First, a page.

Sunday, January 22, 2006


The Chi is a multilingual city. It seems as if it always has been, with the French being the first permanent European inhabitants to the area, and the local Potawatomis presumably not speaking much French. The city has seen waves of immigrants since then, with huge numbers of German, Polish, Lithuanian, Greek, Croatian, Yiddish, and other language speakers arriving during the course of the Industrial Revolution.

The biggest ethnic development in Chicago in the last fifty years has surely been the rise in the number of Hispanics in Chicago. As can be seen here, Hispanics in Chicago are very widely distributed. As such, Spanish sort of overlays all multilingual interactions in Chicago. Thus, you will see signs (in their respective languages) that say, we speak Polish, we speak Ukrainian, we speak German, we speak Croatian, we speak any number of other languages. There will always be a note underneath that says Se Habla Espanol. Always.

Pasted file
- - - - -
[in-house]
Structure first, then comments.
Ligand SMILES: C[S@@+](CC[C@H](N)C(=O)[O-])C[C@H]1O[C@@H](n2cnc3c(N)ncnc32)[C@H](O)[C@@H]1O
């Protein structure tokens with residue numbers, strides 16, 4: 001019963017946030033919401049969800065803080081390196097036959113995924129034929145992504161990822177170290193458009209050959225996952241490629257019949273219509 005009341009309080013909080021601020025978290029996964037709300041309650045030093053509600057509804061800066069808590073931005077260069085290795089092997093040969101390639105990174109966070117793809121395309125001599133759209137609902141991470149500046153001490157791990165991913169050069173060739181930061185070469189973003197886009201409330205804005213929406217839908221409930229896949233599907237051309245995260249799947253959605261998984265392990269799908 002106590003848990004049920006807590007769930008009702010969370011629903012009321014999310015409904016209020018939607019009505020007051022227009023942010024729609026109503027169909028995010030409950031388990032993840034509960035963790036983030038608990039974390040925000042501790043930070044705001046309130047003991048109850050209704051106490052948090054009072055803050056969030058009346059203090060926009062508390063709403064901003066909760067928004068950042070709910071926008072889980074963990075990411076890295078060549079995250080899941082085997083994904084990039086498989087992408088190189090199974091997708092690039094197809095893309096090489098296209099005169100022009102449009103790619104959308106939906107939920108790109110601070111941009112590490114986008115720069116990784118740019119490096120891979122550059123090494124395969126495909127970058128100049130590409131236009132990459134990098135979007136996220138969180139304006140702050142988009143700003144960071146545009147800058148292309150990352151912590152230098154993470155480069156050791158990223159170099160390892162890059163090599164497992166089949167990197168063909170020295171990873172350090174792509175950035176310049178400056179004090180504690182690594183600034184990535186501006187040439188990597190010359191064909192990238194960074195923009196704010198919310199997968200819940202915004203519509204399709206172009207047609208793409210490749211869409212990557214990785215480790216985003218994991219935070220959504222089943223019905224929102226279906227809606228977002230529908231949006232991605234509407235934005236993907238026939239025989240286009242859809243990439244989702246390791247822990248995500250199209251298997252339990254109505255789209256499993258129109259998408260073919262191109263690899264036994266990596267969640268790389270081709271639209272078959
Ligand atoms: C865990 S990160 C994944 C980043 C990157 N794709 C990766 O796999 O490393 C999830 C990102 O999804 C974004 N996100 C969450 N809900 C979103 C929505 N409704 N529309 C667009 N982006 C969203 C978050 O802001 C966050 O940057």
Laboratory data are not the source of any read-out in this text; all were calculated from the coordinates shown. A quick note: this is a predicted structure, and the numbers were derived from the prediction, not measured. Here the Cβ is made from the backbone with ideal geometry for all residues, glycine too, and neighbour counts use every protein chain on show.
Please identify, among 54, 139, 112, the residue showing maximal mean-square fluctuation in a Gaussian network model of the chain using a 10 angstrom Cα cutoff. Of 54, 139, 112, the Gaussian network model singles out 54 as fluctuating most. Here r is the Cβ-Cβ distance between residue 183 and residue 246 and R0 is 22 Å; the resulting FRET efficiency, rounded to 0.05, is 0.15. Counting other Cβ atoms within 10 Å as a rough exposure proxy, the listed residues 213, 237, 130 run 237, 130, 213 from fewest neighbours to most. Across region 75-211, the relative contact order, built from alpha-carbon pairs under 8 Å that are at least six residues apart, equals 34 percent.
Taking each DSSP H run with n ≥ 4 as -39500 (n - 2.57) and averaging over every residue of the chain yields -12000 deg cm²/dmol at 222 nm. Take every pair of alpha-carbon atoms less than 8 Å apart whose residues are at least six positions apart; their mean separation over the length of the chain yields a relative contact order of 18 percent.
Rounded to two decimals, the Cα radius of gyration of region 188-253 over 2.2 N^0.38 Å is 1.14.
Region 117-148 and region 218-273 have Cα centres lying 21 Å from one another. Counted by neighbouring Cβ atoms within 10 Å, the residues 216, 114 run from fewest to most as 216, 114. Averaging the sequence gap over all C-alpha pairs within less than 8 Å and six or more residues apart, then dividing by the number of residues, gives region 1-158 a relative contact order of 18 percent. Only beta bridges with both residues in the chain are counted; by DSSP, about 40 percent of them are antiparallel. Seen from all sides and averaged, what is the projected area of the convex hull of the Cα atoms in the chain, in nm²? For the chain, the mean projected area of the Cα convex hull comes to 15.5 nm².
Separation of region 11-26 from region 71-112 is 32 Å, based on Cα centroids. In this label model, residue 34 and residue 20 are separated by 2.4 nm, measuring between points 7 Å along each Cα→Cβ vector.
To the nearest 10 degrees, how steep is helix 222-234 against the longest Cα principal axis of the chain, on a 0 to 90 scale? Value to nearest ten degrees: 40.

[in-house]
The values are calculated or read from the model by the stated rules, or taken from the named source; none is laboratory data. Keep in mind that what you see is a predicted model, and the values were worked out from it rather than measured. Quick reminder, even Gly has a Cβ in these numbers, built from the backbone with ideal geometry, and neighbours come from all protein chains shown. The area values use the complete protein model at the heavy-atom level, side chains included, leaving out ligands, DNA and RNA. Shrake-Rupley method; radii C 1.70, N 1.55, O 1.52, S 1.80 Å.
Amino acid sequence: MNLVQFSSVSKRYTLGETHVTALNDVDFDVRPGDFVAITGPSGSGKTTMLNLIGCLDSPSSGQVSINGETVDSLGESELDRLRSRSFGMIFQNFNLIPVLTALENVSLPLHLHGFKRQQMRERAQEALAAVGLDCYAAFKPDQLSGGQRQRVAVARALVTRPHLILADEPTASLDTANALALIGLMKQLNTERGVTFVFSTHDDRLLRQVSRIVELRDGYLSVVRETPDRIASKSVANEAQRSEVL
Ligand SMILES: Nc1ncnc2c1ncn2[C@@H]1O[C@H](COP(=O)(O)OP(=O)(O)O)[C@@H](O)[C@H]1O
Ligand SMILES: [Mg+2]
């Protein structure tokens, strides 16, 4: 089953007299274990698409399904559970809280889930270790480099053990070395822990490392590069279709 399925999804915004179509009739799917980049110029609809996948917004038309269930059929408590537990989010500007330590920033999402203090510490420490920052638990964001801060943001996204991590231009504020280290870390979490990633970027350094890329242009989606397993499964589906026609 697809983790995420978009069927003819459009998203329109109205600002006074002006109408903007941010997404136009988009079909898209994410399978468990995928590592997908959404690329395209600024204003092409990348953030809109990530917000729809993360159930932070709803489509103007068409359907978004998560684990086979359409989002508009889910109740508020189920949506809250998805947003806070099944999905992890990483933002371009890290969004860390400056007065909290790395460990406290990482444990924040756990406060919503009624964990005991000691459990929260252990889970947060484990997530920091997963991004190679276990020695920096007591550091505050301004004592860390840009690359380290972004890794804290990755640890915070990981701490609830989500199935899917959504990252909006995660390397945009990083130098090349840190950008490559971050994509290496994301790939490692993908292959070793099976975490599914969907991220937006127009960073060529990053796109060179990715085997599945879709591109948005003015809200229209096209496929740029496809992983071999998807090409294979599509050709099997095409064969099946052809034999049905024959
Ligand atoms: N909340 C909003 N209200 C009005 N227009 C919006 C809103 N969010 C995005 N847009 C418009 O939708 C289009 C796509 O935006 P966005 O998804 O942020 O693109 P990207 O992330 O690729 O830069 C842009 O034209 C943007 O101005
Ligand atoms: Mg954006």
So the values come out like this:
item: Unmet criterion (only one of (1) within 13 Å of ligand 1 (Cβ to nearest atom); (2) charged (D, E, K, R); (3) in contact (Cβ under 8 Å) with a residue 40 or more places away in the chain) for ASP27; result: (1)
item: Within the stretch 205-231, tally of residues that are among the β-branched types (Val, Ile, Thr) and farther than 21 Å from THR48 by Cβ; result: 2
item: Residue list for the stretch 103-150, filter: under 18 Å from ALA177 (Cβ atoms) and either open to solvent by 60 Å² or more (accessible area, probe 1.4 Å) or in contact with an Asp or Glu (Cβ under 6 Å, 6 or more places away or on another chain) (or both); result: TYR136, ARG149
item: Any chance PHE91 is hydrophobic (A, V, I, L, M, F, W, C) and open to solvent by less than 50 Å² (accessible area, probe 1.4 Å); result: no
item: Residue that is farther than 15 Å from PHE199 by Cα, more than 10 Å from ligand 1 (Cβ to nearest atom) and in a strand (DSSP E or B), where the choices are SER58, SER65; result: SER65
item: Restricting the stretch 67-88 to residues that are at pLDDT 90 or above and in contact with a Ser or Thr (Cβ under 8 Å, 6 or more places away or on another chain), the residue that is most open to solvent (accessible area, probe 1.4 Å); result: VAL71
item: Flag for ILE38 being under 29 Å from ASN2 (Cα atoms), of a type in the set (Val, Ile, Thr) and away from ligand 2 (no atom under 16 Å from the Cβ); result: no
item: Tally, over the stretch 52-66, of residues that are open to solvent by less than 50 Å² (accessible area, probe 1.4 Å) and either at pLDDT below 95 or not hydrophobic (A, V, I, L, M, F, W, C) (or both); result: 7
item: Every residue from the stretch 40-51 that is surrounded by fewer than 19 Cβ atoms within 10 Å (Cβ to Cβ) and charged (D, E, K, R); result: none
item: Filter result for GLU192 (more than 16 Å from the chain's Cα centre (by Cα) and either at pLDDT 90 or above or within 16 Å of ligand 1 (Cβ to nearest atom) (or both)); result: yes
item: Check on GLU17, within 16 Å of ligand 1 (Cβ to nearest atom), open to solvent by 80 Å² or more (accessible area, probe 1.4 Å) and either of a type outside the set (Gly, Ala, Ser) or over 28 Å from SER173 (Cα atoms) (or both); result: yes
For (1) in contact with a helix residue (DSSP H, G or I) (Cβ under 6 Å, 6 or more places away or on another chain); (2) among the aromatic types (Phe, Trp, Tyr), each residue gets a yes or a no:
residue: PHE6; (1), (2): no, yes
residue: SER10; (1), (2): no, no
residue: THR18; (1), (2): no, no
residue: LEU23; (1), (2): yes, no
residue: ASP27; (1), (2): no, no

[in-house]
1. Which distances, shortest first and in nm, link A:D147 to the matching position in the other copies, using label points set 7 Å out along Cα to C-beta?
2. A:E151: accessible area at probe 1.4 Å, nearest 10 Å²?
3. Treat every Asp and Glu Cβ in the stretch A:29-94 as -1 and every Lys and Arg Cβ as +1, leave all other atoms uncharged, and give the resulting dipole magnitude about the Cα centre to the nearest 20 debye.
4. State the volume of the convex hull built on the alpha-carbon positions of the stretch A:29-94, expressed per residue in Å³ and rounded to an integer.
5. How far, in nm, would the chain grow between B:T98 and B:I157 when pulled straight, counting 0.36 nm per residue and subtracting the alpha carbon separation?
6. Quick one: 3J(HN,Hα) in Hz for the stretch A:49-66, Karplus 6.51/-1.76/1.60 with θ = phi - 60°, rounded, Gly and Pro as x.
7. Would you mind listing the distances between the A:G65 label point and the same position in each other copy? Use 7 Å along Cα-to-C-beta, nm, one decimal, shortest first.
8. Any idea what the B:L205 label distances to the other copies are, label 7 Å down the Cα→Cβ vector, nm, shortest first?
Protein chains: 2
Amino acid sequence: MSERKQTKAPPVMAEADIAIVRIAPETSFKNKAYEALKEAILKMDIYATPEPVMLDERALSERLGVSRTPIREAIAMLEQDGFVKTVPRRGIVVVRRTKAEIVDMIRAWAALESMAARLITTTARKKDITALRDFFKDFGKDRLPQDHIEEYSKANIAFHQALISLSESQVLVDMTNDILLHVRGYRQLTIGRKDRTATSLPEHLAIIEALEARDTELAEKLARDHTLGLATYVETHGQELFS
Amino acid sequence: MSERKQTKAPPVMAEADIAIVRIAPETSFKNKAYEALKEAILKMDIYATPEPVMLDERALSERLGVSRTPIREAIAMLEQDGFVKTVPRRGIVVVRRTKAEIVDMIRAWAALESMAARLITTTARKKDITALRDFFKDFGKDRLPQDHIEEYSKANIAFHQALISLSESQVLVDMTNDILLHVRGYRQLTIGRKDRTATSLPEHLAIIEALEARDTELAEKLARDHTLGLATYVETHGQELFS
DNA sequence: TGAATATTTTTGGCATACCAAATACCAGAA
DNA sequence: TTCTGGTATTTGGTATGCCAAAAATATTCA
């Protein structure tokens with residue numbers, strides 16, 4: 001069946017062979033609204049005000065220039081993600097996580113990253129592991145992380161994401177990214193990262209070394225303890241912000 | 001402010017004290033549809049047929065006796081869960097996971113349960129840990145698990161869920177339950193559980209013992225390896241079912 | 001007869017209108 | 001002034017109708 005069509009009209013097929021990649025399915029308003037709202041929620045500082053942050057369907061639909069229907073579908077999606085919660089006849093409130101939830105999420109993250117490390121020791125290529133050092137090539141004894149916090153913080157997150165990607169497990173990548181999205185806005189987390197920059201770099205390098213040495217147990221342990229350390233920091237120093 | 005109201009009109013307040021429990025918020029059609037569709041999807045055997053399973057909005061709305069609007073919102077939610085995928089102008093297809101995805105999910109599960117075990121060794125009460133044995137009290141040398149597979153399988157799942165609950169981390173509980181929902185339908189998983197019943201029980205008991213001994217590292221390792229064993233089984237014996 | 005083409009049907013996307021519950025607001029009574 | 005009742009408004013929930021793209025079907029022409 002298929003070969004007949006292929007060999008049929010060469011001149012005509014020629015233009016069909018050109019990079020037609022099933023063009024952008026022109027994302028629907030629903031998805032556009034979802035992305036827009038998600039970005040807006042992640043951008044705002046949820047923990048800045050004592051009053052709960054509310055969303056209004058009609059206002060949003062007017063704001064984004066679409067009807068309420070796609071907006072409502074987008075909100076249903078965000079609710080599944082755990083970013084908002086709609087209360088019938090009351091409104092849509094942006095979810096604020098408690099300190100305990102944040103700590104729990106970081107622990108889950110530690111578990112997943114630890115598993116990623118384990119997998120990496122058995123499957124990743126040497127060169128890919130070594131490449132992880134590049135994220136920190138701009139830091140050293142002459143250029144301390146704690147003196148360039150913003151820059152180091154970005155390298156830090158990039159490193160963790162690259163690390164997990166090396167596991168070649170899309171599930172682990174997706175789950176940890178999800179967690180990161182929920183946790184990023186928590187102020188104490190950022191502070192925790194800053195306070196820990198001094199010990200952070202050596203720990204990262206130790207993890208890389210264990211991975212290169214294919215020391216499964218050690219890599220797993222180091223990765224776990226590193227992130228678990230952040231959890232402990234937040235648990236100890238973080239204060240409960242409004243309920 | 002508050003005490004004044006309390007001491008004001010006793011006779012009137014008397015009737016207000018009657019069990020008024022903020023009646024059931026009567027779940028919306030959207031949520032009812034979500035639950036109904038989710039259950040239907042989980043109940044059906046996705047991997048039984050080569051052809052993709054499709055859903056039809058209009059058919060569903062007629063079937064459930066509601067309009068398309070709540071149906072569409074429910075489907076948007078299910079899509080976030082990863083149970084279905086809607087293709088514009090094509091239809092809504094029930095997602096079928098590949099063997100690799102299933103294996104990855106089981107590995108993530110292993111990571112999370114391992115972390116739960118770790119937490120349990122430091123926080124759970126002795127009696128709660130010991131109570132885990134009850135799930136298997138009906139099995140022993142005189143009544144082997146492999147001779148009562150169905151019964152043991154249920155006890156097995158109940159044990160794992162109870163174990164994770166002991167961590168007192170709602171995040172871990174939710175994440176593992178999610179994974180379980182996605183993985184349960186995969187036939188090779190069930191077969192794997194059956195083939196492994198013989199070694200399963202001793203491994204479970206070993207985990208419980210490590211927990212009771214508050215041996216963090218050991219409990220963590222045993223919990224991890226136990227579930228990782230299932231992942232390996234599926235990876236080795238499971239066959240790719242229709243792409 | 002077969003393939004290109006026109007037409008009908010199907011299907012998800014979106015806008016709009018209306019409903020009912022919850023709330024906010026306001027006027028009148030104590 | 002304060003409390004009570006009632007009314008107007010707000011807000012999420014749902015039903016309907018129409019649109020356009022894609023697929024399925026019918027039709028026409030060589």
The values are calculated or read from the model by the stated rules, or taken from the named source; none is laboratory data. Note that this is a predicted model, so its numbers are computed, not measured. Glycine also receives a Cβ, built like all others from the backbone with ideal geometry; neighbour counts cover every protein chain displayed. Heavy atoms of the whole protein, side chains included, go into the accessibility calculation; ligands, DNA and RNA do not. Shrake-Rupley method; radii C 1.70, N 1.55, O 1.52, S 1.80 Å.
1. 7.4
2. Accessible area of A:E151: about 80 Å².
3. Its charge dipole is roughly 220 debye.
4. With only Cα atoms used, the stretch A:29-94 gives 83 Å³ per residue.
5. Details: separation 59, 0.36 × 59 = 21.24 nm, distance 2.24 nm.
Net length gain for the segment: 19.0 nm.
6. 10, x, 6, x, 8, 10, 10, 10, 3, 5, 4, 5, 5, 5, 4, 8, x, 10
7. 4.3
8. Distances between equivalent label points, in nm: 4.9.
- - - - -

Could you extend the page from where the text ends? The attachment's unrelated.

Because Spanish underlies all of these multilingual interactions, I like to look for what I perceive to be the most unlikely possible combinations. Spanish and Polish is not very unusual. They interact often along Milwaukee Avenue. Spanish and Ukrainian interact often along Chicago Avenue. However, in our neighborhood, along Kedzie Avenue, I now see what I deem the most unlikely combination. Spanish and Arabic. I mean, didn't Spain fight 250 years of wars to never have to see Arabic again? I guess commerce really does trump all else.


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